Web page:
Father’s Role in Secondhand Smoke Exposure During Pregnancy

A Systematic Review

  • Yan Huang Department of Health Promotion and Human Performance, Weber State University


Background: The effects of smoke from tobacco products are harmful to pregnant mothers and their unborn children. The problem is not limited to mothers who themselves smoke; fathers who are smokers expose expectant mothers to secondhand smoke. This review identifies and examines the role fathers play in exposing pregnant mothers to passive smoke that leads to secondary medical conditions for women and their children. Methods: The study examined 70 articles from peer-reviewed journals in the following databases: Scopus, Science Direct, Wiley Online, MEDLINE, ProQuest Central, and PsycINFO. The literature search focused on articles with publication dates from 2006 to 2016. Results: A total of 10 articles provided evidence for various effects of secondhand smoke such as asthma, spontaneous abortions, stillbirths, congenital malformations, and low birth weight. Furthermore, the literature presented an extensive background regarding the paternal role in a pregnant mother’s exposure to smoke. Conclusion: Paternal smoking during pregnancy has a significant effect on the health of the mother and the child during pregnancy. Health care professionals should reinforce safety measures for pregnant women to prevent medical disorders resulting from exposure to smoking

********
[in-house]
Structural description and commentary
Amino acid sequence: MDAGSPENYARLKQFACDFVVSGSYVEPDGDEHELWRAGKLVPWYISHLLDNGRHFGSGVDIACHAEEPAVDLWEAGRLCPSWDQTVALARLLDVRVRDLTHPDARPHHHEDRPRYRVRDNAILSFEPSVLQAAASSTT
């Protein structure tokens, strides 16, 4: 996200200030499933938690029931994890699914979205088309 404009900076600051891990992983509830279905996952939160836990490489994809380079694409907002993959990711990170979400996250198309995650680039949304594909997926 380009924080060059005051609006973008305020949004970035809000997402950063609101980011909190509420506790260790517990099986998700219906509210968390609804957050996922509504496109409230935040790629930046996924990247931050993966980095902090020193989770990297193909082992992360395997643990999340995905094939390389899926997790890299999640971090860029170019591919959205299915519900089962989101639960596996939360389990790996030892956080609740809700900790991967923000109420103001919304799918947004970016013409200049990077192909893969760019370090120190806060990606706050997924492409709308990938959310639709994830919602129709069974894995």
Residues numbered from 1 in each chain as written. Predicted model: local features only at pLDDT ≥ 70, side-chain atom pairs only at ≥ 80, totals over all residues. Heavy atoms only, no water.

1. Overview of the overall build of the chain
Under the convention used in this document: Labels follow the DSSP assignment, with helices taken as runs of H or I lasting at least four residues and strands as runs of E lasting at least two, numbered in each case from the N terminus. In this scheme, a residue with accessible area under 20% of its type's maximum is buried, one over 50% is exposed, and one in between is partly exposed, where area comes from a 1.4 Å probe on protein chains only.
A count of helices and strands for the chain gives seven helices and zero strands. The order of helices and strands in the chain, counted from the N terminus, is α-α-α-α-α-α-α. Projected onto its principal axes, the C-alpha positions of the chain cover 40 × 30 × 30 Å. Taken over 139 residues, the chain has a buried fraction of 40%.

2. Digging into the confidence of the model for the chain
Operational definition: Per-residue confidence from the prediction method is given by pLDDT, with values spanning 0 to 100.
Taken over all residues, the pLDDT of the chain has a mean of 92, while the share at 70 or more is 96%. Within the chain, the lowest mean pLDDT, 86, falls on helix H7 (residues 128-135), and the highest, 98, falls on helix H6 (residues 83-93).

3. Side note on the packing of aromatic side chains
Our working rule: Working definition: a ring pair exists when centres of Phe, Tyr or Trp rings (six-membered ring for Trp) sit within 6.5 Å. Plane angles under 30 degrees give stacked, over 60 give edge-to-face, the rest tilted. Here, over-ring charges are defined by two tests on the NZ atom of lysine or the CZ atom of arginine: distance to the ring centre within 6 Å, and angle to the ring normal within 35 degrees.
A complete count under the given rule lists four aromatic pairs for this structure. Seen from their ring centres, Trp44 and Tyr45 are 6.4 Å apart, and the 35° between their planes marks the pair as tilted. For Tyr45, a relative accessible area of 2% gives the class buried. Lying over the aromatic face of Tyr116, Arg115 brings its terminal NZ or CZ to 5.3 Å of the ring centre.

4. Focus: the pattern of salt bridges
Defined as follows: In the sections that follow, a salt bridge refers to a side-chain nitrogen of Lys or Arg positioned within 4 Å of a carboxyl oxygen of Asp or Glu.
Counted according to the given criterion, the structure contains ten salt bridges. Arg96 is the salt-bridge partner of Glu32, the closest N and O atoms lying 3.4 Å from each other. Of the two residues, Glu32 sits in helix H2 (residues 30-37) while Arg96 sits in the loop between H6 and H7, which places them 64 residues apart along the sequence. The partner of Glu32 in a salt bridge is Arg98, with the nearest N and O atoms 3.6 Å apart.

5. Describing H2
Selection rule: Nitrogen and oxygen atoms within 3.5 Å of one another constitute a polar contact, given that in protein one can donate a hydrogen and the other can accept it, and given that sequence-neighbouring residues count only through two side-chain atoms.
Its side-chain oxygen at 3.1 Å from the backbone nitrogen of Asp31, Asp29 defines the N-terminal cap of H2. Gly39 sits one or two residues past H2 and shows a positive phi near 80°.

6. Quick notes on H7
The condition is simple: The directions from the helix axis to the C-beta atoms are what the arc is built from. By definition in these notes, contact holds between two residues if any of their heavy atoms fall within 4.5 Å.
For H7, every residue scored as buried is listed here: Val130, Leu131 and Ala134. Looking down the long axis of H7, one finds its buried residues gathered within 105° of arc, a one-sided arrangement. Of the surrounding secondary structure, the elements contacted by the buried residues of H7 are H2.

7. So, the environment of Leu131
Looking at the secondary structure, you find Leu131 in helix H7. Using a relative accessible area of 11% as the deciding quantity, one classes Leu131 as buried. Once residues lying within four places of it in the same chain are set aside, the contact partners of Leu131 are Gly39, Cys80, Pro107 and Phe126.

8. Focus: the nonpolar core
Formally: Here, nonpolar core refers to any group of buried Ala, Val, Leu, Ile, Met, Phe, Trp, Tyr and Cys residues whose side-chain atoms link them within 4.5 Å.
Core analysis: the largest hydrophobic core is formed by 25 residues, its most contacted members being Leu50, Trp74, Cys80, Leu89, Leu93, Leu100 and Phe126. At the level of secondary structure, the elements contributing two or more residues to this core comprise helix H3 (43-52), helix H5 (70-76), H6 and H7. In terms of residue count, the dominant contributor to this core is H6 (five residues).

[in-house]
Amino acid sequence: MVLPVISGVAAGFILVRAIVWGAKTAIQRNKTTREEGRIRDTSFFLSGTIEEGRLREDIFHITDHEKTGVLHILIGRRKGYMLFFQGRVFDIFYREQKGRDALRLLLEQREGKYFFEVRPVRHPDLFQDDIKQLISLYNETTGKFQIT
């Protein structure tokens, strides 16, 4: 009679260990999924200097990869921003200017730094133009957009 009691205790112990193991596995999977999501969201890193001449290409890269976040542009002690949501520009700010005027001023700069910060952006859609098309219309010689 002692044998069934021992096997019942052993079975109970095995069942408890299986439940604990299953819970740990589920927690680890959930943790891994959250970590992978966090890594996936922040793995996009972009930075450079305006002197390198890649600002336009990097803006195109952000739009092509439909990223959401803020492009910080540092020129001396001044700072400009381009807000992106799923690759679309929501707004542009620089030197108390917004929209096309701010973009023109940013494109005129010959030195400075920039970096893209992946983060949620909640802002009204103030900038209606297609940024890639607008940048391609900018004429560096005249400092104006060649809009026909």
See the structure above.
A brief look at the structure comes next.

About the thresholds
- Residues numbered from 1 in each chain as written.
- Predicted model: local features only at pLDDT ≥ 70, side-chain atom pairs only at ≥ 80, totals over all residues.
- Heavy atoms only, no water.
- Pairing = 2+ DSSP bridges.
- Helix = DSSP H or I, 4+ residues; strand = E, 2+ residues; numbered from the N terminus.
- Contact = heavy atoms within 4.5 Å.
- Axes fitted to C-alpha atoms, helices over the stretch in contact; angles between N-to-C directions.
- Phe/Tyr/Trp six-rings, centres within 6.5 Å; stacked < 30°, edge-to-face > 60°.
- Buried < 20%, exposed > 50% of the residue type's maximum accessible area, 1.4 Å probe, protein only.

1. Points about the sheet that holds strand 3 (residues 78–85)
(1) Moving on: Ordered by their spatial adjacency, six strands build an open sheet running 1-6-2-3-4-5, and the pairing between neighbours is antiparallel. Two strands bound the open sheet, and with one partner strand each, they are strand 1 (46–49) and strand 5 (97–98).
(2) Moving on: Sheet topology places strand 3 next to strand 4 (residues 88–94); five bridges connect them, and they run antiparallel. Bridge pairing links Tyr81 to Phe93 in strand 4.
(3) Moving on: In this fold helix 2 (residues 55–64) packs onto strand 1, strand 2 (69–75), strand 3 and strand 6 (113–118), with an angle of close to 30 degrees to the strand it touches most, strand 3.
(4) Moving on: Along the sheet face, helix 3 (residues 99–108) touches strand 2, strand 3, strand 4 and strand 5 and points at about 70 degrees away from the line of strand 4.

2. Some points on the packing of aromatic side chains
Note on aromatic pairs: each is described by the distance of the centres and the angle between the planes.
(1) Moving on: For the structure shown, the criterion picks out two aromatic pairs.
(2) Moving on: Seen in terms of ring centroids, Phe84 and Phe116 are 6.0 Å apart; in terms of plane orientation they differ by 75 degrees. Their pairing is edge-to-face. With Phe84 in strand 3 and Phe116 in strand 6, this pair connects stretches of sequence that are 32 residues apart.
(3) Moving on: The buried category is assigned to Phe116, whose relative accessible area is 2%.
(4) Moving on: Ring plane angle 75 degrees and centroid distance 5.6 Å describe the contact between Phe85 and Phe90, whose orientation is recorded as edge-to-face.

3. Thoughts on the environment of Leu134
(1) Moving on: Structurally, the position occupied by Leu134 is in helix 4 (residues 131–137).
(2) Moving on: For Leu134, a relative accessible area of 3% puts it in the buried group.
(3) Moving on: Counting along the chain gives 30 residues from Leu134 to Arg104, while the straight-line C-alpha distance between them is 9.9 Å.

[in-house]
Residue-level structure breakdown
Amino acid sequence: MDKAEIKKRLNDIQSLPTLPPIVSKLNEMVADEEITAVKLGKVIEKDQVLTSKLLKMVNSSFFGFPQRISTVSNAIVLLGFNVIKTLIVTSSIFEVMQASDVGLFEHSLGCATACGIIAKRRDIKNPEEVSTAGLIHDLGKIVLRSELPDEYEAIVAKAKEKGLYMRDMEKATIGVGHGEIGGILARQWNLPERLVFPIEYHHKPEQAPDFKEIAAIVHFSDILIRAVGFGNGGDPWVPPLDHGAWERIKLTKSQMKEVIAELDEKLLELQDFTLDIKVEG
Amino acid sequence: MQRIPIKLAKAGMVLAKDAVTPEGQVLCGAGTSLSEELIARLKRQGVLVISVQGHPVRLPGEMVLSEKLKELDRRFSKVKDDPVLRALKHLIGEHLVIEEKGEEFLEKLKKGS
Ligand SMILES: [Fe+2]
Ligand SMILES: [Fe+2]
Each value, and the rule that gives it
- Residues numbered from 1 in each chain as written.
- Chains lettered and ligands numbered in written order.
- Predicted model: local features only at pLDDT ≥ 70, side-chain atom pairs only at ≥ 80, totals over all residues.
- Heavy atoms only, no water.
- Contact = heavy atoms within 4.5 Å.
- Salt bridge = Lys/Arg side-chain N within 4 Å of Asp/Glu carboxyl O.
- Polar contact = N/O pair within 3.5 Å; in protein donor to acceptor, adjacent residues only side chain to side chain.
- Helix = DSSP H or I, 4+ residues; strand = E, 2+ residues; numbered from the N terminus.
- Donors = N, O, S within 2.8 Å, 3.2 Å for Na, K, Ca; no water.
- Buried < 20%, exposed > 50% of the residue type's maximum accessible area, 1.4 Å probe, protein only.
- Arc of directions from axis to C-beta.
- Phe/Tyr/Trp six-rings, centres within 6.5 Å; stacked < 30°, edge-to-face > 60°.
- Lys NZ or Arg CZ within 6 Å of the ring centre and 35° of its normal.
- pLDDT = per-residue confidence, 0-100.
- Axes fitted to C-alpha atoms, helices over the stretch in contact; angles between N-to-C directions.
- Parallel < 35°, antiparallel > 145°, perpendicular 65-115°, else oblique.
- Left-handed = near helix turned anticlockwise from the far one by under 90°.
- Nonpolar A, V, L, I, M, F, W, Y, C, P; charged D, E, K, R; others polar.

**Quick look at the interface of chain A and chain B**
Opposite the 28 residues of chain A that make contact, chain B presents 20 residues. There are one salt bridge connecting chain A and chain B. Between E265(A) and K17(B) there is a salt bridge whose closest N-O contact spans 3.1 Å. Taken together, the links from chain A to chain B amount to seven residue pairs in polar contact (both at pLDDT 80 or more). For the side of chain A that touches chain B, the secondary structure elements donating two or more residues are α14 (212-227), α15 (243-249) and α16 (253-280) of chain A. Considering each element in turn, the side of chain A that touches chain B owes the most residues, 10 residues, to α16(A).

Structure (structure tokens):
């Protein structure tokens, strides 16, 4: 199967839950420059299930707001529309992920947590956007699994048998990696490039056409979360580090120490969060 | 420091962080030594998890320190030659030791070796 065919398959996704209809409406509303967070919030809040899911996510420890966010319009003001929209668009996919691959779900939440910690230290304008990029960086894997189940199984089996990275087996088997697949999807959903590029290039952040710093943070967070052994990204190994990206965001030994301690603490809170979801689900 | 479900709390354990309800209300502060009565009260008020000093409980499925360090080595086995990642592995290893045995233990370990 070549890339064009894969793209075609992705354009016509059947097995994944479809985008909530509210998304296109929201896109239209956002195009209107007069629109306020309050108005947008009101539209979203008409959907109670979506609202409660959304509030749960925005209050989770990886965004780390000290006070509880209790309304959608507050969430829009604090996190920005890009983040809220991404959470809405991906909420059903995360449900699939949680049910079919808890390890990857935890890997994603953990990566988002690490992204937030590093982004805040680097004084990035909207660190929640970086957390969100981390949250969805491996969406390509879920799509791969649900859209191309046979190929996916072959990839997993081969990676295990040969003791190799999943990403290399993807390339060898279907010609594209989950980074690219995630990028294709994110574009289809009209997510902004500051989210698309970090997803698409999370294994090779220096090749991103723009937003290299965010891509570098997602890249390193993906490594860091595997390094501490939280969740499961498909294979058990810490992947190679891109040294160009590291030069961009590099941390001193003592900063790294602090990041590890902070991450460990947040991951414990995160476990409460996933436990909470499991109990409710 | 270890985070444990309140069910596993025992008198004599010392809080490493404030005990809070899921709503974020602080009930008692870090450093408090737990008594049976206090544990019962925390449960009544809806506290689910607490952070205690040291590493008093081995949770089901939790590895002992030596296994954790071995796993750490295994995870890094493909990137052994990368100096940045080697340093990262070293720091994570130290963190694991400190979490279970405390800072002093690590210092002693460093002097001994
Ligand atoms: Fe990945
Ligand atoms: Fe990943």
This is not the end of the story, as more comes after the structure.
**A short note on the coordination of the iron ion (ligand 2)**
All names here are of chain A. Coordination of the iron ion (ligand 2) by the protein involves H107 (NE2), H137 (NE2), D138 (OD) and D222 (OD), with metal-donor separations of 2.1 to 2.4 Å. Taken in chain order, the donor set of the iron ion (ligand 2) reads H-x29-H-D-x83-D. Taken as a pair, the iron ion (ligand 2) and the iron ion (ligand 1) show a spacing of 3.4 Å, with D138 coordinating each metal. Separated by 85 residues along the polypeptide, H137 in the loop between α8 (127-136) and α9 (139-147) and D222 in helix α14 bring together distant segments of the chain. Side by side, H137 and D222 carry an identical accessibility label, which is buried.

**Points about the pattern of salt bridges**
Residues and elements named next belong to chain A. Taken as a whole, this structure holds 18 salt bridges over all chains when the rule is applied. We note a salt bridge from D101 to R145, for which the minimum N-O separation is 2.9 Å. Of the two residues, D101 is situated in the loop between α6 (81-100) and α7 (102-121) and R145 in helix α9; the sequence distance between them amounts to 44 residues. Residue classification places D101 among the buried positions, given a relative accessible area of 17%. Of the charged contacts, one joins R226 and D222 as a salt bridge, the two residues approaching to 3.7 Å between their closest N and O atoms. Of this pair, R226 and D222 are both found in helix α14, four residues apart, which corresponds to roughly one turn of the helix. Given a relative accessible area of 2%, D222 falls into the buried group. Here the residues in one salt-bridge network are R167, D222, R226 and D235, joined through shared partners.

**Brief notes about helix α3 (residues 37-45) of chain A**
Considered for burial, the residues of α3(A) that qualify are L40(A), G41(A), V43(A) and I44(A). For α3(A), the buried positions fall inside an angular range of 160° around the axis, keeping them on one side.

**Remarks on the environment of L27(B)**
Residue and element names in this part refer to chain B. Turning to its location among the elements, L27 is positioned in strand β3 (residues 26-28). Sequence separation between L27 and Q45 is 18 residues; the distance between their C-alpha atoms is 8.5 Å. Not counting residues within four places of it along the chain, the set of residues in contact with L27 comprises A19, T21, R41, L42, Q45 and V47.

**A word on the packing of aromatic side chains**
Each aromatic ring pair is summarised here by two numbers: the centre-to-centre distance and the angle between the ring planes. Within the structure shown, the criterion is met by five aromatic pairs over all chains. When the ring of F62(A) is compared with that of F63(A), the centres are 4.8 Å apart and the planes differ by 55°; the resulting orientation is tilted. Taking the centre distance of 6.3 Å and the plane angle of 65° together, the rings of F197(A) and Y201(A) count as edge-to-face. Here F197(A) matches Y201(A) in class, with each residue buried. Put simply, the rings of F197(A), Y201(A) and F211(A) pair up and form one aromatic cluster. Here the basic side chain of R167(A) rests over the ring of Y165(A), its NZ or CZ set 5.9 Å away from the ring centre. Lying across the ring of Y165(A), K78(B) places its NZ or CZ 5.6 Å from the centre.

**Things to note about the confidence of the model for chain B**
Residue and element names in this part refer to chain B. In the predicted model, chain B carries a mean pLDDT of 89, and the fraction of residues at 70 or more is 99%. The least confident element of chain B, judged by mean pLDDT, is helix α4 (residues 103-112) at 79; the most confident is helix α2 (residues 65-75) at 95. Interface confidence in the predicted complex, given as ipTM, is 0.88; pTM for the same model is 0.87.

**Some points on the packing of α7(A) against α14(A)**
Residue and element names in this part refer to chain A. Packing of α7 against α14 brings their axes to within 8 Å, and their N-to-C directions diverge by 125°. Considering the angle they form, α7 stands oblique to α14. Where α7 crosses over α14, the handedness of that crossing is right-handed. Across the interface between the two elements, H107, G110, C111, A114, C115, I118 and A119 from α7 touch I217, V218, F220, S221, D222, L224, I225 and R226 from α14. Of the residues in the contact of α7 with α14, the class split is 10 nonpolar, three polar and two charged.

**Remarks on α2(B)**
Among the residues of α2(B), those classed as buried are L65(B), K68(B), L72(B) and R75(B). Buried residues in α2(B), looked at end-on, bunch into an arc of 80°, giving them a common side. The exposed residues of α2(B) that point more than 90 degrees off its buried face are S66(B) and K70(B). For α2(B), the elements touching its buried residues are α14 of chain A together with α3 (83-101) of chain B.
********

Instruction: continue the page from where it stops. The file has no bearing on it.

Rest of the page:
How to Cite
Huang, Y. (2018). Father’s Role in Secondhand Smoke Exposure During Pregnancy: A Systematic Review. Californian Journal of Health Promotion, 16(2), 44-49. https://doi.org/10.32398/cjhp.v16i2.2090